Composure is spoken of throughout football and is seen as one of, if not, the only emotional skill that is acknowledged within the game. When composure is mentioned, it’s in reference to being calm and in control of one’s self when in possession of the ball. However, composure in possession can be disturbed by things happening off the field and not from threat of potentially losing possession e.g. I need to impress the manager so that I do not get dropped to the subs bench again.
Composure is about inner peace, while those in the game acknowledge players that may panic when making a decision on the pitch, the game is still blind to those who lose composure because of reasons off the field and experience a lack of composure off the field . Players bang down their manager’s door in search of communication that had been neglected, hand in transfer requests because they feel mistreated and others quietly go about their lives unhappily in a lost space.
In my day we had the “bomb squad”, the bomb squad was a group of players that didn’t make the squad or were not wanted. The players would joke about being in the bomb squad although deep down they were hurt. Players were also “bombed” (demoted), from a team too.
Lost players are not only those who may be deemed not good enough, those seen as the cream of the crop also find themselves lost with no navigation as they get promoted through the youth team ranks to the first team, only to be relegated back to the U23/youth team. Playing well and getting demoted is a career knocking blow to take and managing the situation is tough, especially with no one to talk to. Parents, agents and staff will provide surface level lip service “get your head down and show you deserve to be there” but that doesn’t help what the player’s going through in the present moment.
Some of the old school will label the new school as soft and that they should get on with it like players did back in the day but players have a relationship with football and just like your spouse, if they mistreat you it breaks your heart. The old school went through this too, the difference was that they had no choice and no one would entertain the conversation. This is one of the few reasons why many players disappear, drink alcohol excessively, go partying and have affairs. These erratic behaviours are examples of how they lost composure, behaviour we don’t want the current or future generations to repeat. The erratic behaviour created a more interesting scene for people to focus on while they pretended their reality didn’t exist/distract themselves from it. The past isnt glossy at all.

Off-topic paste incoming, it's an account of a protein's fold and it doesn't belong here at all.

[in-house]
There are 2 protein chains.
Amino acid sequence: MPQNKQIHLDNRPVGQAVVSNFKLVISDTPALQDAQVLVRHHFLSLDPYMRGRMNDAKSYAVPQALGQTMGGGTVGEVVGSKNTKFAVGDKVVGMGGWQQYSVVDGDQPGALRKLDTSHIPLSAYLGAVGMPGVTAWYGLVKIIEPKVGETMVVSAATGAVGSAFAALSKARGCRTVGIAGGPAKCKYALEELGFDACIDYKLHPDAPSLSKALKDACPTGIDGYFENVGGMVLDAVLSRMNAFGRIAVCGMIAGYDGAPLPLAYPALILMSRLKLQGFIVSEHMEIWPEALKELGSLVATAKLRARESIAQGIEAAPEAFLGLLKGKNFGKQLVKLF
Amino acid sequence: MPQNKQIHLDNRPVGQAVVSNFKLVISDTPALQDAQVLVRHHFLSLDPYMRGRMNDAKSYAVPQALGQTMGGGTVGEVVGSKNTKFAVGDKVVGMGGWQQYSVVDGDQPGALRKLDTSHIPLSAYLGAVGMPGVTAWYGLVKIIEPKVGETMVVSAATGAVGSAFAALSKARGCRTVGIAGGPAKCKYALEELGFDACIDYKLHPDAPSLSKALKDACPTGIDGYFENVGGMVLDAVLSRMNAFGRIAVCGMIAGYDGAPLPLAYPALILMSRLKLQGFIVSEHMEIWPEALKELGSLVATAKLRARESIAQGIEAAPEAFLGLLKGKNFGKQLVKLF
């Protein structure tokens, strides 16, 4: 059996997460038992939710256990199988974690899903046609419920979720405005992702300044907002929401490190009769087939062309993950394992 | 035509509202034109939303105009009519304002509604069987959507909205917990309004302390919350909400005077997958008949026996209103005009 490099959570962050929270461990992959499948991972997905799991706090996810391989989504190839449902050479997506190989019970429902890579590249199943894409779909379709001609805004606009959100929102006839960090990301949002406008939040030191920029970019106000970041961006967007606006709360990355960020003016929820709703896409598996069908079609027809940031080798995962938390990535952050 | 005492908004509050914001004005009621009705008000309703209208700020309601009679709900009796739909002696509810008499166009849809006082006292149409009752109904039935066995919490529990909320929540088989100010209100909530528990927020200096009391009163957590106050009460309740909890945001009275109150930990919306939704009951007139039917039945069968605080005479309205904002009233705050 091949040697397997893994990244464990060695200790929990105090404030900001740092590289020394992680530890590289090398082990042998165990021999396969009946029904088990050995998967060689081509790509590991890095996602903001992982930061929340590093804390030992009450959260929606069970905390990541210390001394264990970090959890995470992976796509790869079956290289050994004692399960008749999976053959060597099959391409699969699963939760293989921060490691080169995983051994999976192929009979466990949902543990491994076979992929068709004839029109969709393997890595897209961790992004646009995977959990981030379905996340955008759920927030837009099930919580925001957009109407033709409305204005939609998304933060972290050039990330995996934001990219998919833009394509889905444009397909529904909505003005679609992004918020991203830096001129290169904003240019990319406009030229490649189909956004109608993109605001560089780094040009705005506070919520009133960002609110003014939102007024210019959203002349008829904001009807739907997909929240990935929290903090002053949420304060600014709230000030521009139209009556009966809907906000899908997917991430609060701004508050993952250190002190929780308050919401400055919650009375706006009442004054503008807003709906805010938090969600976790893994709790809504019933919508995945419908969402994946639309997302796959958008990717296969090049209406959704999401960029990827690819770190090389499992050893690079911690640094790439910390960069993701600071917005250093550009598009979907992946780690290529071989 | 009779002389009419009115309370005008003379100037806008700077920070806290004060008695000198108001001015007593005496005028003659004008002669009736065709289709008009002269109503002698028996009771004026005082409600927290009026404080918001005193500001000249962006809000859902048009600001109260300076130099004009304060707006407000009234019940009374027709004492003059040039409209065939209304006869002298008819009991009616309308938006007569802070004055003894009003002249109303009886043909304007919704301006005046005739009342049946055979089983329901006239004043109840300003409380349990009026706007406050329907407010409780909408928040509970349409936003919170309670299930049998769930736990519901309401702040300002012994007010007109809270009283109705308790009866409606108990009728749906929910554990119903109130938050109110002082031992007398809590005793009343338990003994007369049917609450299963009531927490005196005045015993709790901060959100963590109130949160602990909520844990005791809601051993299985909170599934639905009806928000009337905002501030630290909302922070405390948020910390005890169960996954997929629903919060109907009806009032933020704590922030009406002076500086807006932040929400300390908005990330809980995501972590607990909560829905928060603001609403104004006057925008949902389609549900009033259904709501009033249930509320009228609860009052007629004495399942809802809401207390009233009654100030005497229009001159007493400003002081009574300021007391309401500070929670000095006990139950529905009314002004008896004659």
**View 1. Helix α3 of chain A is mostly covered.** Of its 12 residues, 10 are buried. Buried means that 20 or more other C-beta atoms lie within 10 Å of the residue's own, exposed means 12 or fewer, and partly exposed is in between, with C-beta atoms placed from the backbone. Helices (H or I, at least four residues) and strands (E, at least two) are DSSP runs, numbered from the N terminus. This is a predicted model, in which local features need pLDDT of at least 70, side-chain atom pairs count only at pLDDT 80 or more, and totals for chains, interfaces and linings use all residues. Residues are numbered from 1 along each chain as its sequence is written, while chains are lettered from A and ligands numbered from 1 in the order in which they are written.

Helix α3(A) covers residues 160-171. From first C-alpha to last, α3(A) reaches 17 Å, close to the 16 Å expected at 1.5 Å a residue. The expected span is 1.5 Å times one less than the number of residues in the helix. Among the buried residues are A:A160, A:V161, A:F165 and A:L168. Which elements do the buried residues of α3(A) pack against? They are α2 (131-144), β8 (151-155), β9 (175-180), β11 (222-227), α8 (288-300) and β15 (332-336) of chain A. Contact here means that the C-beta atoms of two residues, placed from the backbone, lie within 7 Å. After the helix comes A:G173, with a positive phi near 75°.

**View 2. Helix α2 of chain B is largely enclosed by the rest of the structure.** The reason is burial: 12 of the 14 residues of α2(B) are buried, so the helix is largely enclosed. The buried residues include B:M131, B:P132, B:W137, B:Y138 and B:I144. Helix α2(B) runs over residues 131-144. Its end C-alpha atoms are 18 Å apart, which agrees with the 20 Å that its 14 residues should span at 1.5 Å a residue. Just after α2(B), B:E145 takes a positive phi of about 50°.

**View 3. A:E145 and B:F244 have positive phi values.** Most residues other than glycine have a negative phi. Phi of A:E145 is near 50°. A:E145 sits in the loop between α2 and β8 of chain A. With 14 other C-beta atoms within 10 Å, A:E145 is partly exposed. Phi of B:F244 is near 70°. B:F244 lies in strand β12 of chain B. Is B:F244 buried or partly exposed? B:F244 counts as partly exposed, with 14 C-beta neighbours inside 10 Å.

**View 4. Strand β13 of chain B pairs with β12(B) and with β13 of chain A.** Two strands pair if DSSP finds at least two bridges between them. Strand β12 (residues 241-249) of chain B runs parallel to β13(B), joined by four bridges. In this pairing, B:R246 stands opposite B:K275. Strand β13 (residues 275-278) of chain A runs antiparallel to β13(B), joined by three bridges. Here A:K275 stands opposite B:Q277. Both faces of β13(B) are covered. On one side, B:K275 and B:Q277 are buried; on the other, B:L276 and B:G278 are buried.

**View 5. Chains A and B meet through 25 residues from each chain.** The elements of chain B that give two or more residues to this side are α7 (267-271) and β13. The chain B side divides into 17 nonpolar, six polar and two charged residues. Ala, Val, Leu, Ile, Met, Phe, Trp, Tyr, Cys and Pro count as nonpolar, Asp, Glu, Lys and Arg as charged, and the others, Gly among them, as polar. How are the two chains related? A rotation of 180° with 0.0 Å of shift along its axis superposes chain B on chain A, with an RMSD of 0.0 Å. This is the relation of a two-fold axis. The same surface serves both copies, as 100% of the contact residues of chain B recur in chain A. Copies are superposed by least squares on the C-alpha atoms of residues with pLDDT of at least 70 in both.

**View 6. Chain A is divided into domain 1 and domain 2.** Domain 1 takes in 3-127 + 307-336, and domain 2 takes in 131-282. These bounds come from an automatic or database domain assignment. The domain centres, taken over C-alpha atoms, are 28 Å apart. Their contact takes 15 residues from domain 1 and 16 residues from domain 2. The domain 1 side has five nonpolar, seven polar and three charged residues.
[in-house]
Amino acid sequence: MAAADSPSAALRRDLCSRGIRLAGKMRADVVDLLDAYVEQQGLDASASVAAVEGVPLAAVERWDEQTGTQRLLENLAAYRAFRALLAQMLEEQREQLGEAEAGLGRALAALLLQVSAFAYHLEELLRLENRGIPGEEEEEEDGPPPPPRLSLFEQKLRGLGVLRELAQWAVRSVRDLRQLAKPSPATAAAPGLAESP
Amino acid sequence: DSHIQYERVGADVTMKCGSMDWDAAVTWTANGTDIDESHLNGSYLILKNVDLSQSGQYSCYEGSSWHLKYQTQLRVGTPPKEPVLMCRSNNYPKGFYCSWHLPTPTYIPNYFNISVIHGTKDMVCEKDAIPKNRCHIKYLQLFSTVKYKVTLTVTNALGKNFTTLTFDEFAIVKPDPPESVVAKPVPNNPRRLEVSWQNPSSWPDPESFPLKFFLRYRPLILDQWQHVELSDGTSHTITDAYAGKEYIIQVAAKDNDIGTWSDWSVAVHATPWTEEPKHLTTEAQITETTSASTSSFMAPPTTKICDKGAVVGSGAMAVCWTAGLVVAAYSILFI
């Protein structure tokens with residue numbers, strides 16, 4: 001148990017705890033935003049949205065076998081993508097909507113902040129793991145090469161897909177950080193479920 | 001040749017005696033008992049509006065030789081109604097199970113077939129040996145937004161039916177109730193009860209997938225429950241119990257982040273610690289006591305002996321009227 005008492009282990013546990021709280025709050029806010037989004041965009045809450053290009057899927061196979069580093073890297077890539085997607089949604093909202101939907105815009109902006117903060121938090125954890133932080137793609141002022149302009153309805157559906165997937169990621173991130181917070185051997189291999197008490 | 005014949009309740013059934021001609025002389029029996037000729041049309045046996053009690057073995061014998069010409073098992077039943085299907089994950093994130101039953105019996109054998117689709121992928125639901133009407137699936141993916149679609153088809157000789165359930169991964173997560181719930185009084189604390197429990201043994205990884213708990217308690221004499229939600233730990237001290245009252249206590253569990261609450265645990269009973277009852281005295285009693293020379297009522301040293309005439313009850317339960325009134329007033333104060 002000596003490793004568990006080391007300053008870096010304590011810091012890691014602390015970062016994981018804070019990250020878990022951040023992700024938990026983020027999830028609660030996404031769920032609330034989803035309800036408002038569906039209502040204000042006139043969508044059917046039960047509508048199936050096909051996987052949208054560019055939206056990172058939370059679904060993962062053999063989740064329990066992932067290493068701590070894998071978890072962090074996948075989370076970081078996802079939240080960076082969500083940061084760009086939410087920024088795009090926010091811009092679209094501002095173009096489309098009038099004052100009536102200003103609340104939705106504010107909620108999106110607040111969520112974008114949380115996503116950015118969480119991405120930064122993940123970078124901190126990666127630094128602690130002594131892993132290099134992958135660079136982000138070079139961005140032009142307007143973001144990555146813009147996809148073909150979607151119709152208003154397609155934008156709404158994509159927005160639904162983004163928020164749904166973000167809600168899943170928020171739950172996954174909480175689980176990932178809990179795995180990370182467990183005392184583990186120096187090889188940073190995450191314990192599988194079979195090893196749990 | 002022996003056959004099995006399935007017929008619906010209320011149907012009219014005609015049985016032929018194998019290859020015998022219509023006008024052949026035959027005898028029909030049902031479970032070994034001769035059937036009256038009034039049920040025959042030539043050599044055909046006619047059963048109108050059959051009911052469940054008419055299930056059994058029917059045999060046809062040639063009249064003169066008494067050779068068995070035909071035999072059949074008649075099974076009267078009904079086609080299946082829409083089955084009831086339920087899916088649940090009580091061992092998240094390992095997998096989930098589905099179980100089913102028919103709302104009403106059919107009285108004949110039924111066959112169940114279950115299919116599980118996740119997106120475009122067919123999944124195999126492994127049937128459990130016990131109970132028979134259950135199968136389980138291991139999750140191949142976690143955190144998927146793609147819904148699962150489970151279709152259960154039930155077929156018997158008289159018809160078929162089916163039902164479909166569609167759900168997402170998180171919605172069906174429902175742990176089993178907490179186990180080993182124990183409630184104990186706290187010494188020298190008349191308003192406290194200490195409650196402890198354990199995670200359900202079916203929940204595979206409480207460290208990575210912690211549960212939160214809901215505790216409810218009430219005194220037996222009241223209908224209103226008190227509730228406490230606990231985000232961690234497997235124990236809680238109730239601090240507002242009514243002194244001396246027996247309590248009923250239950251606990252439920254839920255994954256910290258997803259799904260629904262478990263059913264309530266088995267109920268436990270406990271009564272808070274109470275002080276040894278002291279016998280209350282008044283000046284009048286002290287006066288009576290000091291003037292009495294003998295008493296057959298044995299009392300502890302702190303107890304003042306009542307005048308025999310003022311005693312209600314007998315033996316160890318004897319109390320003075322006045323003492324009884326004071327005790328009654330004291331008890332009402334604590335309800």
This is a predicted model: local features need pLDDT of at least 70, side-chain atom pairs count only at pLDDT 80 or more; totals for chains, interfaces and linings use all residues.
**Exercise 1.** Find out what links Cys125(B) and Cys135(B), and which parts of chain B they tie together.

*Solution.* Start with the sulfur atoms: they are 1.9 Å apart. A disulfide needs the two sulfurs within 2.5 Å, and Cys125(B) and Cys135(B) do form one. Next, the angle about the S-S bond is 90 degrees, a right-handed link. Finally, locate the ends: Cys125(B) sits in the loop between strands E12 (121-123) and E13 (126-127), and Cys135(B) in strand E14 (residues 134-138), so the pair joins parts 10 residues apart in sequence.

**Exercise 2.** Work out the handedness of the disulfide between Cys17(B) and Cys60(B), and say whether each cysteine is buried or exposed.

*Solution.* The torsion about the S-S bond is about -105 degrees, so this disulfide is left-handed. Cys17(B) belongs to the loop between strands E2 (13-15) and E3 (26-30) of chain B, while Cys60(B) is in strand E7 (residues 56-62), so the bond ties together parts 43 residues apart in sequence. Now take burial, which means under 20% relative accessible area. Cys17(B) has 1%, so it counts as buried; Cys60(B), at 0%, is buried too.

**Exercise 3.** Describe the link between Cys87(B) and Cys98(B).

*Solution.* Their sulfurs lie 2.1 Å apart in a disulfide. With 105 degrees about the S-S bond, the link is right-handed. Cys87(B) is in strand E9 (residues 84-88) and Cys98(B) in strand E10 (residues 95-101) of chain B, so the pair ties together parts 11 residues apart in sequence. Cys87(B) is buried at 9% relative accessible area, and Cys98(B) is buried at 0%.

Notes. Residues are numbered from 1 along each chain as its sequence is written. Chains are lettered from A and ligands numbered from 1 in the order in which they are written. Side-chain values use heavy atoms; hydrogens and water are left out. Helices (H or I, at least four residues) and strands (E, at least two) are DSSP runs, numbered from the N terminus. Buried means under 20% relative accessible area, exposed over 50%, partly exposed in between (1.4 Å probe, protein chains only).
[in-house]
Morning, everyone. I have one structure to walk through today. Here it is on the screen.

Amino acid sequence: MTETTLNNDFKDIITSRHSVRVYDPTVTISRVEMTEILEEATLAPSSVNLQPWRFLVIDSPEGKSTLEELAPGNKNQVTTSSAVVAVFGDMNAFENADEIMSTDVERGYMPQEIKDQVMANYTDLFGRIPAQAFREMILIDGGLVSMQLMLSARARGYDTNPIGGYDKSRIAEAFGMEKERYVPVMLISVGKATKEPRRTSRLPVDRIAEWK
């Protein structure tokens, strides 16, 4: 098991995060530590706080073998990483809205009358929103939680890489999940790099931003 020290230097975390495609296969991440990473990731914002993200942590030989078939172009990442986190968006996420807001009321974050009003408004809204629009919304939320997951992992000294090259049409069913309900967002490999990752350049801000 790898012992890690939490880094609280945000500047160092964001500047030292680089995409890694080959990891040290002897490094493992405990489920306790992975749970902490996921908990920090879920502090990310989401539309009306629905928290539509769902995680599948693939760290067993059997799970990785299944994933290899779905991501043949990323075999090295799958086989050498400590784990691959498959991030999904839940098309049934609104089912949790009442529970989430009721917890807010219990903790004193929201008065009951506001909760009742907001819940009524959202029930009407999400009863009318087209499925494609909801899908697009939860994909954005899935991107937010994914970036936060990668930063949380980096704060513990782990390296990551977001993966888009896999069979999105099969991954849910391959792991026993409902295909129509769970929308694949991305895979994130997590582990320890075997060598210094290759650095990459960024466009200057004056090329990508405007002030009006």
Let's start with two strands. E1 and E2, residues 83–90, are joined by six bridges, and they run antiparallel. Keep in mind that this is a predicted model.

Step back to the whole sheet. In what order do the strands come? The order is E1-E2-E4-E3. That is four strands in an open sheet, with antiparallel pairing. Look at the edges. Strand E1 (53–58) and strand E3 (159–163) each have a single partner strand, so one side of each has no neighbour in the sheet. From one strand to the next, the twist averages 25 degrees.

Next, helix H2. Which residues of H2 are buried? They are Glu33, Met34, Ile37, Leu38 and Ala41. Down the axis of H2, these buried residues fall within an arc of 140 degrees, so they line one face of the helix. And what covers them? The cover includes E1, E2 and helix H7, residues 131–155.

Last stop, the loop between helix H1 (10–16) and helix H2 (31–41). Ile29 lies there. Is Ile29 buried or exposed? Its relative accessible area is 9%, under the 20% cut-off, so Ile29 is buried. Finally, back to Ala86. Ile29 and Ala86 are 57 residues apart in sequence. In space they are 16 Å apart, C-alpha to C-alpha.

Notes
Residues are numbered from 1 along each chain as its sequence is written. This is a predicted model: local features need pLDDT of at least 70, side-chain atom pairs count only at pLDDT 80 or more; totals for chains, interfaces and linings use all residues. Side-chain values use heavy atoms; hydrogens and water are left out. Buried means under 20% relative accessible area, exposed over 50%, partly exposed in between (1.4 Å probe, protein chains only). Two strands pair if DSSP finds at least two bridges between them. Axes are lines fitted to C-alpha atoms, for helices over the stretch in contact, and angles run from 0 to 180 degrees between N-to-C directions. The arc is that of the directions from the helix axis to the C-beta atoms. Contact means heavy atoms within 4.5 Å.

Ruben Loftus-Cheek is a player that finds himself in a lost space, from the outside people see the privilege of playing for Chelsea and earning a good wage but for the player, it’s about playing. Playing every week, winning accolades and trophies, retiring with psychological showreel to be proud of. Ruben has recently experienced what I call the “loan high”, it has been ruining relationships within clubs for decades. It’s when players go on loan and their motivation gets upgraded. They experience pressure, intensity, extra attention and energy of from the fans that reserve games cannot give. Ruben Loftus-Cheek is one of the latest players to experience the loan high, an extreme high as he did well and earned a place at the 2018 World Cup in Russia.
How can clubs help players navigate out of this space?
Communication and Honesty – Telling the player why they have been demoted, they may not agree or be happy with the decision but they will appreciate the honesty.
Fair – It’s fine to have that sweatshirt in the wardrobe that you’re not going to wear, yet you want to keep it but players are different. If they are not in your plans let them go. Emotionally players can coach themselves out of the space of being lost or receive assistance but not being able to physically exit can be tough.
Prehab – Education is key, the above two points are from the perspective of the coach/manager however, I believe in empowerment and players must be told about these scenarios once they become full time and given a space to play around with scenarios. When situations arise that become emotionally challenging, they will be better equipped to deal with them, otherwise their heart, performances and the clubs commodity goes down the drain. Everybody loses.
If you enjoyed this piece and would like to read a similar take on the beautiful game, check out my book ‘Soccology – Inside the Hearts and Minds of the Professionals on the Pitch.’ A book that features professional footballers from the worlds top leagues, CLICK PICTURE BELOW.